(Here is the Mariners’ minor-league report).
When the American League All-Star team is announced tomorrow, the Mariners may well have just one name announced – and I’d be very surprised if it wasn’t Felix Hernandez.
Yes, Hisashi Iwakuma also has a shot to be selected. He is, after all, the league leader in ERA. But due to the selection system in place, American League manager Jim Leyland has very little discretion in filling out 34-person roster, and that could cost Iwakuma. So has a four-start stretch in which he’s gone 0-3 with a 5.54 ERA. But Iwakuma’s overall numbers – 7-4 with a 2.60 ERA and the lowest WHIP in the AL — bear strong consideration along with Hernandez’s 8-4, 2.6
The non-pitching starters, of course, are selected by the fan vote. No Mariner is getting a sniff there; not one Seattle player has been listed among the leaders in any of the periodic updates of voting totals. The White Sox are the only other team for which that is true.
Most of the rest of the All-Star team is chosen by player ballot. How it works, as delineated by MLB:
- There are 9 player-elected reserves, including a reserve DH, and 8 player-elected pitchers (5 starters and 3 relievers). That brings the total to 26.
- At this point, the A.L. manager has to make sure that every club is represented, and selects 7 players in consultation with MLB. The manager’s 7 picks usually include 5 pitchers (to get to the minimum of 13 pitchers) and 2 position players. That brings the total to 33.
- The 34th and final player is determined by a vote of the fans on MLB.com. Five position players and/or pitchers can be nominated for the final vote.
While Iwakuma’s stature around the league is growing, it is not equal to that of King Felix, who is universally admired and respected by his peers as one of the very elite pitchers in baseball. My educated hunch is that Felix will prevail in a player’s ballot, while Iwakuma may not.
At that point, Leyland still has to fulfill the requirement that every team is represented. Once that is taken care of, he can fill out the final spots on the roster as he sees fit, with input from the MLB office. That’s a possible way for Iwakuma to make the team, but there will be a lot of pitchers vying for very few spots. And even if he makes the squad, Iwakuma is currently lined up to start the Sunday before the All-Star game. By rules put in place last year, that would make him ineligible to pitch in the All-Star Game at Citi Field in New York. He could be selected, attend the game, participate in the festivities and get introduced, but he would have to be replaced on the active roster.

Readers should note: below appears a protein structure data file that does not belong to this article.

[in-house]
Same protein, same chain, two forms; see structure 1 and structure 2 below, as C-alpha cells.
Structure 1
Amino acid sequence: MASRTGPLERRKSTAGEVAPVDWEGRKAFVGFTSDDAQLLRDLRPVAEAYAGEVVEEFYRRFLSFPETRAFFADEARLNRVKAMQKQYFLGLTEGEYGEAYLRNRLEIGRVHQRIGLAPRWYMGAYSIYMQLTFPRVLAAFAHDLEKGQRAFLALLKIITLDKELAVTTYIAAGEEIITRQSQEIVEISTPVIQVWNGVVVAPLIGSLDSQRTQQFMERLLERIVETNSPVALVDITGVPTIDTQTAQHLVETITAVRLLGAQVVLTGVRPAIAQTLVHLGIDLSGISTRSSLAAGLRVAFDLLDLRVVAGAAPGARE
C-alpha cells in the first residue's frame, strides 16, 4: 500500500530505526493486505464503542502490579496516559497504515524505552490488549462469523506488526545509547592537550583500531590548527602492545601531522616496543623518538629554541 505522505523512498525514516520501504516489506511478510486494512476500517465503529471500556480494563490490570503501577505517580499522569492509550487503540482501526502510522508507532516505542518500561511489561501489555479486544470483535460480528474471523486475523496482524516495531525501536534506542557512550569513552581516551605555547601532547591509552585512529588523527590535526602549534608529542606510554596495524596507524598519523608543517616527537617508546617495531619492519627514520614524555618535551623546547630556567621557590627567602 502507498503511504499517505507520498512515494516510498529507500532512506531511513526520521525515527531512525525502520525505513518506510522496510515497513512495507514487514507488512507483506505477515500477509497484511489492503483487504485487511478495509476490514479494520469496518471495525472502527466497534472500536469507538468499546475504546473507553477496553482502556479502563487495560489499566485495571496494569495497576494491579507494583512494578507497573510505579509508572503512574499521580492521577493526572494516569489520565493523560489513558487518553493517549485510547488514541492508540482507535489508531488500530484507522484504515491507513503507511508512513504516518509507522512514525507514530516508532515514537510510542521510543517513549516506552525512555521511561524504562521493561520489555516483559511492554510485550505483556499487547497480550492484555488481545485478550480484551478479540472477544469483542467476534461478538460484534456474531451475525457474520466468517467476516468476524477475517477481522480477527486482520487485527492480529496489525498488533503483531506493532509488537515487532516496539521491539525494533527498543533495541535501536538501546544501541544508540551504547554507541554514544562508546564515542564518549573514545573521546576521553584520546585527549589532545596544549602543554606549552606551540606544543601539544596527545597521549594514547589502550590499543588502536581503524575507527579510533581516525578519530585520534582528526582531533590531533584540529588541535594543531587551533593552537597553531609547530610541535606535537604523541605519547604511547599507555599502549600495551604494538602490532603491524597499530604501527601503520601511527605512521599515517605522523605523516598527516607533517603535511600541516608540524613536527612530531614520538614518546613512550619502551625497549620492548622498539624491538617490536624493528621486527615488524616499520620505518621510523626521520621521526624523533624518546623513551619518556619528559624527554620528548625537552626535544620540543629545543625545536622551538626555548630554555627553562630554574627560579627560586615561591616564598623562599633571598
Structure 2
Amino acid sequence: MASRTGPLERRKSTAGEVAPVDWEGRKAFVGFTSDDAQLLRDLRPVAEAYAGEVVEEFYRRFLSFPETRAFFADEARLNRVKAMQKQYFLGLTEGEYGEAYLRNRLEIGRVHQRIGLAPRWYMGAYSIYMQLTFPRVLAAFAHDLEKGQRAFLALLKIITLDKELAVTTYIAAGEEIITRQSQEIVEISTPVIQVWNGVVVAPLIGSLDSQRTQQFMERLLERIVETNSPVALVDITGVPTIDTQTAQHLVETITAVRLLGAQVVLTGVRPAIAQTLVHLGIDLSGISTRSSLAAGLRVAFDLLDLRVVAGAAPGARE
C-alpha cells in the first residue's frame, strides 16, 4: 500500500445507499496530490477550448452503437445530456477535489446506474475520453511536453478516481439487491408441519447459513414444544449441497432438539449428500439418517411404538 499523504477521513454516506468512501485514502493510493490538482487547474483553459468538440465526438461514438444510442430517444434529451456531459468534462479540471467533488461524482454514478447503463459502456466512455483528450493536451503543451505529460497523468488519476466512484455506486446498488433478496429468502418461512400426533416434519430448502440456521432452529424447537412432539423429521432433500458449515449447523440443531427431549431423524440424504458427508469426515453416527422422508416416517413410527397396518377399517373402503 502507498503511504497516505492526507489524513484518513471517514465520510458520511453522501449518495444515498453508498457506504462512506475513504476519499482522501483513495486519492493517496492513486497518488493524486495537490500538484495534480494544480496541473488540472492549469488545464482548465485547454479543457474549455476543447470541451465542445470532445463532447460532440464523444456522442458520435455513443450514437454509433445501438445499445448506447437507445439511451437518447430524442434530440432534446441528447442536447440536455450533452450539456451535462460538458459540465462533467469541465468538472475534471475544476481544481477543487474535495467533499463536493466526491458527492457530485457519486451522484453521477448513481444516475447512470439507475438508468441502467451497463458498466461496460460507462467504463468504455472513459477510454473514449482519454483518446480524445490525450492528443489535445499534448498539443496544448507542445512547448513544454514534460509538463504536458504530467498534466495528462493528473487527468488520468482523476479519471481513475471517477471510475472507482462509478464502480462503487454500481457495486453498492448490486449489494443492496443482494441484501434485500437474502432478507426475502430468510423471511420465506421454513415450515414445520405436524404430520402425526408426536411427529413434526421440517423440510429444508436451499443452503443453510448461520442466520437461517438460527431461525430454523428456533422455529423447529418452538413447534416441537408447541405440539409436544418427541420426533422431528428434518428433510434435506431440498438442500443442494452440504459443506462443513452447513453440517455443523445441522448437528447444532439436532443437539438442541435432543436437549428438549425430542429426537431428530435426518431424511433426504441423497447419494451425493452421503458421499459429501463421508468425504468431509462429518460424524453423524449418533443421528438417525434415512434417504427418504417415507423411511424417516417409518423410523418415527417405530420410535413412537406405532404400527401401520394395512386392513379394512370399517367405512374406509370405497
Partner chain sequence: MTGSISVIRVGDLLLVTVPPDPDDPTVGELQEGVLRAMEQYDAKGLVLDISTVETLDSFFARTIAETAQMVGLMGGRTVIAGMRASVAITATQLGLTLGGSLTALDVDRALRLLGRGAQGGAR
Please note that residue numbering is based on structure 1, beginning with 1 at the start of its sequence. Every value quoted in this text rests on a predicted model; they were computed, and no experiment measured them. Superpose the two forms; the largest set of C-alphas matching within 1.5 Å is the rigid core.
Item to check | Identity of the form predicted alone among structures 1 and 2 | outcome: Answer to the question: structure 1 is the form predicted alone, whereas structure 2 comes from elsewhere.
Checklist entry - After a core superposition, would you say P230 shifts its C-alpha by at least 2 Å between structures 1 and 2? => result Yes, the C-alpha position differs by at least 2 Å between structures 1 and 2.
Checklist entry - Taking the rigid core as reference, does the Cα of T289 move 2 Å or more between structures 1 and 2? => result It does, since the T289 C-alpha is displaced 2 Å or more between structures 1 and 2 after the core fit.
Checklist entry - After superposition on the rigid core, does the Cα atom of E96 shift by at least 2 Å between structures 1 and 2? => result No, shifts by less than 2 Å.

Mariners manager Eric Wedge mentioned reliever Oliver Perez as an All-Star candidate,. And his numbers are dazzling: a 1.44 ERA in 34 games, with 43 strikeouts in 31 innings. It would be a tremendous achievement for Perez, considering where his career was when the Mariners signed him to a minor-league contract last year after he had flamed out with the Mets. And what a spectacle it would be for him to make the All-Star Game at the Mets stadium, of all places, considering how fans essentially tried to run him out of town. The personal satisfaction would be immense for Perez. But it’s the longest of longshots, just because of the process mentioned above, and the fact that a setup reliever doesn’t have the same cache as a closer.
Tuck away this thought, however: The Mariners could have a player among the five on the “Final Vote” for the first time since it was instituted. This is a fan vote that determines the last spot on the team. If he doesn’t make the team initially, Iwakuma could be on the ballot (though his Sunday outing might eliminate that as well). So could Perez, or even Raul Ibanez, who has zoomed into consideration with a hitting surge that has seen him reaching historical heights for his age.
With the final vote, the winner often seems to be determined by which team’s marketing department can amass the most effective get-out-the-vote campaign. Voting begins immediately following the announcement of the AL and NL rosters tomorrow, and continues over a four-day period. Winners will be announced after the voting concludes next Thursday. In the world of All-Star voting, ballot-box stuffing is not only allowed, it’s encouraged. The Mariners do marketing very well, so I wouldn’t be surprised if they’re amassed and ready to go, just in case a Mariner is listed on the final-player ballot.